Economic insecurity and deaths of despair in US counties

Research output: Contribution to journalArticle

Abstract

Recent research has implicated economic insecurity in increasing midlife death rates and "deaths of despair," including suicide, chronic liver disease, and drug and alcohol poisoning. In this ecological longitudinal study, we evaluated the association between changes in economic insecurity and increases in deaths of despair and midlife all-cause mortality in US counties during 2000-2015. We extended a previously developed measure of economic insecurity using indicators from the Census and Federal Reserve Bank in US counties for the years 2000 and 2010. Linear regression models were used to estimate the association of change in economic insecurity with change in death rates through 2015. Counties experiencing elevated economic insecurity in either 2000 or 2010 had higher rates of deaths of despair and all-cause midlife mortality at baseline but similar rates of increase in deaths of despair from 2001 to 2015 compared with counties with stable low economic insecurity. Counties in the highest tertile of economic insecurity in 2000 and 2010 had 41% (95% confidence interval: 1.36, 1.47) higher midlife mortality rates at baseline and a rate of increase of 2% more per 5-year period (95% confidence interval: 1.00, 1.03) than counties with stable low economic insecurity. Economic insecurity may represent a population-level driver of US death trends.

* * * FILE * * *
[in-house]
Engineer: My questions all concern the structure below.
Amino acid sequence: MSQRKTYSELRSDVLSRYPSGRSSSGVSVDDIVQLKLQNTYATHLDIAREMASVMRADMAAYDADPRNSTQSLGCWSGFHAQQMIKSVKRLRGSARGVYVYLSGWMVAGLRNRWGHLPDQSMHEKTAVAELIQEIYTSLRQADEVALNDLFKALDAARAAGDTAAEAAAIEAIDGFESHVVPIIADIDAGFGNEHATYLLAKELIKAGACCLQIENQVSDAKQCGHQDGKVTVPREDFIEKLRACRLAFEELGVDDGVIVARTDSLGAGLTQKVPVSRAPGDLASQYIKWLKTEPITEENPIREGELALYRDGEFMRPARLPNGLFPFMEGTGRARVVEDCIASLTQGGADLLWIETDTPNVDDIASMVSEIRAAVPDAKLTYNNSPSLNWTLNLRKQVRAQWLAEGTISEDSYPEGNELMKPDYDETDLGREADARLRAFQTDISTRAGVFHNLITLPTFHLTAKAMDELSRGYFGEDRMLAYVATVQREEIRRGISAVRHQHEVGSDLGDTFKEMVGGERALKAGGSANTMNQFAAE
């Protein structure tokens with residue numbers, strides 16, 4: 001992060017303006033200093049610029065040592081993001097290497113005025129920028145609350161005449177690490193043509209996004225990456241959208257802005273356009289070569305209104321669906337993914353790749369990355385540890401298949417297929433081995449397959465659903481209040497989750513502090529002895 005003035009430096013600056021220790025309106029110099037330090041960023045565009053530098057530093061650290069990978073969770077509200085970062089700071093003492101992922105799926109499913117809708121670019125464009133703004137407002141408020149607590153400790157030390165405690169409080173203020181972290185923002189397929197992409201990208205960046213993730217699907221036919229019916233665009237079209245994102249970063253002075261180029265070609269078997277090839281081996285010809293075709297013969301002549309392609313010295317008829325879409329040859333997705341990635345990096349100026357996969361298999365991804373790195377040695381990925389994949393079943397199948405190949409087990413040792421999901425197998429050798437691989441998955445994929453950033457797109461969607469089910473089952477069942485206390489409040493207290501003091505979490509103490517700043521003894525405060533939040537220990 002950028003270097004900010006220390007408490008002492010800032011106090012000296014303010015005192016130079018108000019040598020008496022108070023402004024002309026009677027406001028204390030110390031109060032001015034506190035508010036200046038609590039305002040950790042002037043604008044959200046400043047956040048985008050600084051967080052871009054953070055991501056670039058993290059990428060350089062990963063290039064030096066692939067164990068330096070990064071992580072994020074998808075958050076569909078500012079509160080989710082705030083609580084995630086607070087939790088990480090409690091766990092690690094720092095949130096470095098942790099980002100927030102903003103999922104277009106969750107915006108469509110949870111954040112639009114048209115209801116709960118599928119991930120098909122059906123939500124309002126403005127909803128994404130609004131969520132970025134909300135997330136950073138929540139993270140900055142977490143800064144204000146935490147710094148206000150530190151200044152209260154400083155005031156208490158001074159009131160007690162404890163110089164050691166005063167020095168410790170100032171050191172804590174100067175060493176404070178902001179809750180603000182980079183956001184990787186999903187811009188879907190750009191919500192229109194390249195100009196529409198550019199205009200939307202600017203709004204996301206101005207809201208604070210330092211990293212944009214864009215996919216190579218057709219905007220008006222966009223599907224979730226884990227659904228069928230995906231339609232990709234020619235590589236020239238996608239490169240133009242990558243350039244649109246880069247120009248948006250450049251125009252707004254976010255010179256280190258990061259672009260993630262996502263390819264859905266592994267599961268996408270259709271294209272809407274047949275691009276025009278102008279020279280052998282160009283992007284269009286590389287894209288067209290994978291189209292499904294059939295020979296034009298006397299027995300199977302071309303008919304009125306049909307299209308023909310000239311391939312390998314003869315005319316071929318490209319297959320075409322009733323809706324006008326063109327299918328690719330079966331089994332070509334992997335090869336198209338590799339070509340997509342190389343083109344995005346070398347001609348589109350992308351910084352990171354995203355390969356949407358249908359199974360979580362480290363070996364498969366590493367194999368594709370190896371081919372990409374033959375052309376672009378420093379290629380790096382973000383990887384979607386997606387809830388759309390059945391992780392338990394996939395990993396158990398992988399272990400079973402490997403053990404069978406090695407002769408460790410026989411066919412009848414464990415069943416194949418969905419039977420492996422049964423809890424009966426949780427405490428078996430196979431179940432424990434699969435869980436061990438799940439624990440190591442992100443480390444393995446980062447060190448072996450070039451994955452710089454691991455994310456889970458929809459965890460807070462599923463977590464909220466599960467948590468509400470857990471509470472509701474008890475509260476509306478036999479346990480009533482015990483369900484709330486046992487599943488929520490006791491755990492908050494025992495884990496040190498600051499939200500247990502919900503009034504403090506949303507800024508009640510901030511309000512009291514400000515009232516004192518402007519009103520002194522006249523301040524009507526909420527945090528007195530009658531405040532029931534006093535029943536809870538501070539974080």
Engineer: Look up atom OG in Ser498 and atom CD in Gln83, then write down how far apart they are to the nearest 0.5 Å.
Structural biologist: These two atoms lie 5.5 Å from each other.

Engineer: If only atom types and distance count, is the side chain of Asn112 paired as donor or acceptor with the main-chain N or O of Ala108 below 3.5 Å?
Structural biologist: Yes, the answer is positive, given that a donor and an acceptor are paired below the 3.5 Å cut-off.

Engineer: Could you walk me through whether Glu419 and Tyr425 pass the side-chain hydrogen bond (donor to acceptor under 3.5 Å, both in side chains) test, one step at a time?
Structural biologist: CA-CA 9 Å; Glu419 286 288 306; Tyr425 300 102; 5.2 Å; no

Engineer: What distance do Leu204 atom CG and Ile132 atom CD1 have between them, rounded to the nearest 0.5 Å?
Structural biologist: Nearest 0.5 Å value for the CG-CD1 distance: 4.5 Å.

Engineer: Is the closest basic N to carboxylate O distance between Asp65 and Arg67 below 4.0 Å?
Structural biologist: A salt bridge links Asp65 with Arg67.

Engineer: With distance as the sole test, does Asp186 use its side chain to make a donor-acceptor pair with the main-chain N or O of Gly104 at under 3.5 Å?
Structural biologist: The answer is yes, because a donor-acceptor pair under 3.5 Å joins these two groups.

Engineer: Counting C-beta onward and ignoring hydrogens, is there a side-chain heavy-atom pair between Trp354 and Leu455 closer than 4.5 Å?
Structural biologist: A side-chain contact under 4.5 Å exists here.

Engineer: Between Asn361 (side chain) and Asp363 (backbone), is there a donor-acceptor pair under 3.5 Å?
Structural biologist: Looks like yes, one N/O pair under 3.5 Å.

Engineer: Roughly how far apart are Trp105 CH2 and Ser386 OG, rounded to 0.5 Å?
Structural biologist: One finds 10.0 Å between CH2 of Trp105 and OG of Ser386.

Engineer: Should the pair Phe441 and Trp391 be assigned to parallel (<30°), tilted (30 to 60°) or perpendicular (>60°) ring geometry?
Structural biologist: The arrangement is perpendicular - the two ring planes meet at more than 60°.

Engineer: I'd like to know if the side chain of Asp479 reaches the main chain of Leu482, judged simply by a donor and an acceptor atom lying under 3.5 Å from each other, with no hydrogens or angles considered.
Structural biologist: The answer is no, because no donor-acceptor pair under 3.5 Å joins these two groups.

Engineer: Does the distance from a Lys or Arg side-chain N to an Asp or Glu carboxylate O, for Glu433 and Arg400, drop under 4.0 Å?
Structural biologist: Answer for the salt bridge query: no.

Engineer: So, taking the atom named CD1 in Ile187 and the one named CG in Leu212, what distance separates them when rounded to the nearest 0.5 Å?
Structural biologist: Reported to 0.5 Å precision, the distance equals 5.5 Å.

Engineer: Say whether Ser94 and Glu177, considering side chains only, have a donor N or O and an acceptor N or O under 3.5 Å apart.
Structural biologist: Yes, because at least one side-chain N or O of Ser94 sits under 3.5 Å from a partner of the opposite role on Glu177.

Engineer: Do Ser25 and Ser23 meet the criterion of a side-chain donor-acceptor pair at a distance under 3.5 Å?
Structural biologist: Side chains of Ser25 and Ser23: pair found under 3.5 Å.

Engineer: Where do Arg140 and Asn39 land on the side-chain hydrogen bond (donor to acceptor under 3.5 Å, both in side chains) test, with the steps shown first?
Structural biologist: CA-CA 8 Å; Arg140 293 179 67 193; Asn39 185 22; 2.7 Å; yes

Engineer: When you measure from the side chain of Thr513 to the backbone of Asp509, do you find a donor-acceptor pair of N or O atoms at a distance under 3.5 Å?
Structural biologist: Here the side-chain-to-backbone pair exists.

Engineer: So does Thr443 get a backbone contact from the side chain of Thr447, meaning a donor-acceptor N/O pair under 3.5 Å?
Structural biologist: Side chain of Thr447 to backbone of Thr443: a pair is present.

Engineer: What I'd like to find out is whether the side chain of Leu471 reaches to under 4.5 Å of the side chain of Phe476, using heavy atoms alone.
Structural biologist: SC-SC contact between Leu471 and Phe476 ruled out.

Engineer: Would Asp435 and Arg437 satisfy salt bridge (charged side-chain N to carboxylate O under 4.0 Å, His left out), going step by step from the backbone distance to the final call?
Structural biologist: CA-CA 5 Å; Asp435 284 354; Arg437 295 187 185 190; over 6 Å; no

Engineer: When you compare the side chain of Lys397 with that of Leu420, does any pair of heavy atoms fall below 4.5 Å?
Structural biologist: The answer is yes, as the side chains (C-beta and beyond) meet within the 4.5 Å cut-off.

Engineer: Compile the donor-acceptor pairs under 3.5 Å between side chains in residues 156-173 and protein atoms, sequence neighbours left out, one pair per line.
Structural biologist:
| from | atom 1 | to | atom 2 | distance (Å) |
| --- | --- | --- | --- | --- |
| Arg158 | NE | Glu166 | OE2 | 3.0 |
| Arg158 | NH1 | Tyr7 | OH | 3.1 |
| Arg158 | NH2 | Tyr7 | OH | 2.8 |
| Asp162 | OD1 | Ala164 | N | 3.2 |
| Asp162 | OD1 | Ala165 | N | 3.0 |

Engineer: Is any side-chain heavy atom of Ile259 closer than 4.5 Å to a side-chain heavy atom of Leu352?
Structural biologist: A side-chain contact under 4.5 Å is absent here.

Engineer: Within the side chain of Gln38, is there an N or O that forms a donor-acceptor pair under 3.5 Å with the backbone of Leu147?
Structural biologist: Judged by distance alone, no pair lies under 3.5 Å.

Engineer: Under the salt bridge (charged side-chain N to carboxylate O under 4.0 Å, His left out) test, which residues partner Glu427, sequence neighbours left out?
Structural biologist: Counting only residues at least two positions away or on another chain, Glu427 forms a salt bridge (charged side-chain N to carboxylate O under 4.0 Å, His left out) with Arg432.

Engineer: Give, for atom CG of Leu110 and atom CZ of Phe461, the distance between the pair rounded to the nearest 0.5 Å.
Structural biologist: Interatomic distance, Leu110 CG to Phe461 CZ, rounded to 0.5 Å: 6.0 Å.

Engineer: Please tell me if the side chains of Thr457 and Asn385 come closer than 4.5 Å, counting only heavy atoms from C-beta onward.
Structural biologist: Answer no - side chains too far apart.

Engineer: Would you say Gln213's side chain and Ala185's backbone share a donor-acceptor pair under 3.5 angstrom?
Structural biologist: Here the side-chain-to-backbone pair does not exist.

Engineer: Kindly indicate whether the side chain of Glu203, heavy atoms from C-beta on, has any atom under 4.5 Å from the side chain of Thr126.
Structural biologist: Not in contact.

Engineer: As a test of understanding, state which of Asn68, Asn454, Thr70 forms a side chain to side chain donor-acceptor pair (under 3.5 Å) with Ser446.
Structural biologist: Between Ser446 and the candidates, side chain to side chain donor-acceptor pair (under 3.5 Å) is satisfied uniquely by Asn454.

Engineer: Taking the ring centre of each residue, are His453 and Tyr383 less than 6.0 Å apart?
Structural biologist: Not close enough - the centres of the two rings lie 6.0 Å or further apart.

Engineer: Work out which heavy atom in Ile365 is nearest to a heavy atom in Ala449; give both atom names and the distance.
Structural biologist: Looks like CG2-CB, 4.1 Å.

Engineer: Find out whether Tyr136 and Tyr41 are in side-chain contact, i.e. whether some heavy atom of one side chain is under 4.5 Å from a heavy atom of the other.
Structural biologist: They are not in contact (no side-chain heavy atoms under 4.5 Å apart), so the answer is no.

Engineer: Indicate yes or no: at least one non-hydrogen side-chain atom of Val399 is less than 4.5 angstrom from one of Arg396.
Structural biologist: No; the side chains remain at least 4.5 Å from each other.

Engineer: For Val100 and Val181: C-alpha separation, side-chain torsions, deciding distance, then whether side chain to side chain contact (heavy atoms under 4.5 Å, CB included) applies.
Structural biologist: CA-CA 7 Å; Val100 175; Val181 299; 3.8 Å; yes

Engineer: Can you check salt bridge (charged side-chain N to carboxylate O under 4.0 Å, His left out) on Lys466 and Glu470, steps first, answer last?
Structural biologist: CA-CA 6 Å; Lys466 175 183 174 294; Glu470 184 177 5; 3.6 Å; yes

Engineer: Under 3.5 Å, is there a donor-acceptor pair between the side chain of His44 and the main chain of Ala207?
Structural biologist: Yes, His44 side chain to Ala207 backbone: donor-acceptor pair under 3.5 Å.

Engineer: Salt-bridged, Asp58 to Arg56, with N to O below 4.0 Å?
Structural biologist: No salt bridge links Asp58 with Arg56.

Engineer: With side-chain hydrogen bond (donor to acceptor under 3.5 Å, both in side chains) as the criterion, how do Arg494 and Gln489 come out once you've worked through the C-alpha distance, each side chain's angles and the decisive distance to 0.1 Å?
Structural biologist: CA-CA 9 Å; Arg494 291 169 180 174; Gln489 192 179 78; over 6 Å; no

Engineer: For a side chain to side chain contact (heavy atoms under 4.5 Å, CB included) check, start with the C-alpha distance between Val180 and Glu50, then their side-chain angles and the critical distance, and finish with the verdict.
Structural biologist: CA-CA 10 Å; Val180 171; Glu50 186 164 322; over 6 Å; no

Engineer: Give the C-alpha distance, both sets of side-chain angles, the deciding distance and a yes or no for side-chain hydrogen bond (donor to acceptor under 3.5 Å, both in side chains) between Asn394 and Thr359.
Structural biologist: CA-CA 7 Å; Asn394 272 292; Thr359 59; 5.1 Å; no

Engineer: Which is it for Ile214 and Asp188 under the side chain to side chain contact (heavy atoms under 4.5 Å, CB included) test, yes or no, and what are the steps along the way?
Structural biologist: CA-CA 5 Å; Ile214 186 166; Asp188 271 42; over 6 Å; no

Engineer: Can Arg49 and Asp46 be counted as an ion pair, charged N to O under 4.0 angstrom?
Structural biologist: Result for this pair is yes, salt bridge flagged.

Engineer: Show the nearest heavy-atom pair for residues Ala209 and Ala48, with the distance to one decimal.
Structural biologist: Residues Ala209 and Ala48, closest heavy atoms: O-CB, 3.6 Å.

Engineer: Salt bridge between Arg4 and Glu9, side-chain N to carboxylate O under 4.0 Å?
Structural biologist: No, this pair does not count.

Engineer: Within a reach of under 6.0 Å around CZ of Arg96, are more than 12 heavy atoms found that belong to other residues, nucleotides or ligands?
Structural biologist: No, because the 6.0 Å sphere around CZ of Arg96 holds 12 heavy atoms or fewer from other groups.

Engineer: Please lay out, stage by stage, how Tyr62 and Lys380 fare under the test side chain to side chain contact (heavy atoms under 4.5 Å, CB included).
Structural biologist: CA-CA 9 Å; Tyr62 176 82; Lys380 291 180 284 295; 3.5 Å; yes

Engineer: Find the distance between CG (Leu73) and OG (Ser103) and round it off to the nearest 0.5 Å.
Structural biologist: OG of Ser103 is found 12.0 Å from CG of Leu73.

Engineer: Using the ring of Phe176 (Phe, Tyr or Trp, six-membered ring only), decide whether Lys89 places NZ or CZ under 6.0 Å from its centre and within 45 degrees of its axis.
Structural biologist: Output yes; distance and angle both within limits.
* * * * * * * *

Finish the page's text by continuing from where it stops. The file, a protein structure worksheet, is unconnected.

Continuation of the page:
Original languageEnglish (US)
Pages (from-to)2131-2139
Number of pages9
JournalAmerican journal of epidemiology
Volume188
Issue number12
DOIs
StatePublished - Dec 31 2019

Keywords

  • United States
  • all-cause mortality
  • death
  • drug and alcohol poisoning
  • economic insecurity
  • liver disease
  • suicide

ASJC Scopus subject areas

  • Epidemiology

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